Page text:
By Ashwini Nachappa | July 09, 2017
We are brought up with the notion that we must change for the better, and that we must try and be involved in bringing about the right change. So we align to what we believe is right and reject what we believe is wrong. We end up taking sides. It then becomes ‘us’ versus ‘them’.
Recently, Ramachandra Guha resigned from the Committee of Administrators appointed by the Supreme Court to oversee the BCCI’s operations. It was a surprising move and one that caught many unawares. Why would someone with impeccable credentials want to quit an organisation that is responsible for a network that connects this nation like no other single organisation does? It required courage and clarity to let go of something as big as this. The reasons he listed in his resignation letter made it clear to me. It was largely business as usual at BCCI, despite the CoA overseeing the administration. Key recommendations of the Lodha panel were still to be executed and, most importantly, conflict of interest continued to be rampant, according to Guha.
When the Supreme Court announced the formation of the CoA it was a change that was welcomed by most people who loved the game, but were unhappy at the way it was being managed. In fact, this ruling paved the way for a public interest litigation by 30-odd sportspersons, of which I am a signatory, to apply the recommendations to other sporting disciplines as well. I wonder now whether this will have any impact on our failed sporting system. If the Supreme Court’s intervention with its so-called ‘unbiased wisdom’ cannot truly create the desired change, then what can?
For more than a decade, I have, in my own way, been striving for change in something that has defined and given meaning to my life. And while there are signs of the roots of the old system shaking, I am unclear as to whether change can happen at all. I am not being pessimistic nor cynical. It just seems that the more we want to change things, the more they remain the same.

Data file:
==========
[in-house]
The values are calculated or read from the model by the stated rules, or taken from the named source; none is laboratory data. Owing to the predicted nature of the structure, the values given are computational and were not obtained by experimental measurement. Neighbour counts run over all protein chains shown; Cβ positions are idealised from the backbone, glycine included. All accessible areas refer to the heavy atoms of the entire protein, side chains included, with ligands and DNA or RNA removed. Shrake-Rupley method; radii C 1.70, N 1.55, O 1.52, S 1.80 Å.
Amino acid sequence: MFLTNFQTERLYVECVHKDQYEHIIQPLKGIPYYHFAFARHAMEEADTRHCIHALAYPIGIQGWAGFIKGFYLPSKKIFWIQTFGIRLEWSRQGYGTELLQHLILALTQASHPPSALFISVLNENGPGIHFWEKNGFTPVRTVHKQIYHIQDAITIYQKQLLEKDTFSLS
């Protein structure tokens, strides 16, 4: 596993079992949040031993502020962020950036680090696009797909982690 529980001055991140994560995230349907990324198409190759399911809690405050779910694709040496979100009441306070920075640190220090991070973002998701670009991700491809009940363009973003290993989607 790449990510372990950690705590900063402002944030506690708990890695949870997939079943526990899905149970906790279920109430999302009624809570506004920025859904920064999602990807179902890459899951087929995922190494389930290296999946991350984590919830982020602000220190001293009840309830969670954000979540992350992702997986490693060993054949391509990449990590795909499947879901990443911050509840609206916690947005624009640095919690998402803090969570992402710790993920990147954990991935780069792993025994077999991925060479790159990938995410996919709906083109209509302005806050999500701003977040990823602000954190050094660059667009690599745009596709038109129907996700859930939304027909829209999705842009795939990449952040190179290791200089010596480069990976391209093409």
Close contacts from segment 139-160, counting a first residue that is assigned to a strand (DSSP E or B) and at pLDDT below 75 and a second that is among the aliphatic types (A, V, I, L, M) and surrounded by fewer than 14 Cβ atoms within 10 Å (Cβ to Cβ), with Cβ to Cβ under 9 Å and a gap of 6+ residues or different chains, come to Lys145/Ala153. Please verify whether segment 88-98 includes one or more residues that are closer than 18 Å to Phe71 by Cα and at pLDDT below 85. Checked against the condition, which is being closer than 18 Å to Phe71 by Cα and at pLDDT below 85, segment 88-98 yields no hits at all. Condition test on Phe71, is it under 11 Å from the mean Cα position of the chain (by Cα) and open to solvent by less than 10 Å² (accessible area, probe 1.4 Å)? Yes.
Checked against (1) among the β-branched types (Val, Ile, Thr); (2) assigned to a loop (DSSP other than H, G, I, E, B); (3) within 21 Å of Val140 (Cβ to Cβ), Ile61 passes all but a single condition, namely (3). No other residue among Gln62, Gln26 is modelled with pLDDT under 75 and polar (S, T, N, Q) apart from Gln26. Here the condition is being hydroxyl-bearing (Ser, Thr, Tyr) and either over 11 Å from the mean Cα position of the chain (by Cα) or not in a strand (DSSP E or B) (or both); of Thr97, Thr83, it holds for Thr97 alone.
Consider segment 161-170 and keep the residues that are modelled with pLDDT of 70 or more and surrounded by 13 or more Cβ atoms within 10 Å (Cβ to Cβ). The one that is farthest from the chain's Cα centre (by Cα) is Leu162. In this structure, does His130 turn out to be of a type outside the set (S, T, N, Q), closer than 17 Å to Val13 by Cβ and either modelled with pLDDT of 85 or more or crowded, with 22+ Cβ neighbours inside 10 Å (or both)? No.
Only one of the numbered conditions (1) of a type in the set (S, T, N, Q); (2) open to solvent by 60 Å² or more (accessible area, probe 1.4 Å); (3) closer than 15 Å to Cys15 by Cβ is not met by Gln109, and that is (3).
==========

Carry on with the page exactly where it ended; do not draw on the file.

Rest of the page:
And, it seems to be what is happening around the globe. There is a churn of change racing through human society brought about by heightened polarisation. The election of Trump, Brexit, emergence of right-wing leaders in Europe and the radical changes in India, too, are examples of this. In India, after six decades of one-family rule that wasted the tremendous potential of an entire country, a right-wing alternative has emerged and it is spreading like wildfire. Political commentators will no doubt dissect the happenings in greater detail but to me all these are reactions to what was, and, interestingly, it is all taking place at almost the same time. People want change from the status quo, but any reactionary change comes with its own agenda.
Millions of people feeling left out of the technology-driven economy in the US voted for Trump in the hope that it would benefit them. But what is unravelling is quite the contrary. Trump has proven to be a dangerous, loose cannon firing at will without a semblance of rationality. He has withdrawn from the Paris accord, which for the first time has all the nations except two (now three) agreeing to work together to safeguard our planet. With this departure and Trump’s alienation from NATO, Europe has bonded together and with China asserting itself and India starting to emerge, we are heading towards a new world order.
But, what will these changes mean for the average person? Will it lead to us living in peace with each other? It looks unlikely. We are getting more and more isolated. Perhaps we are entering the last stage of the kalyug where we destroy ourselves. Only time will tell.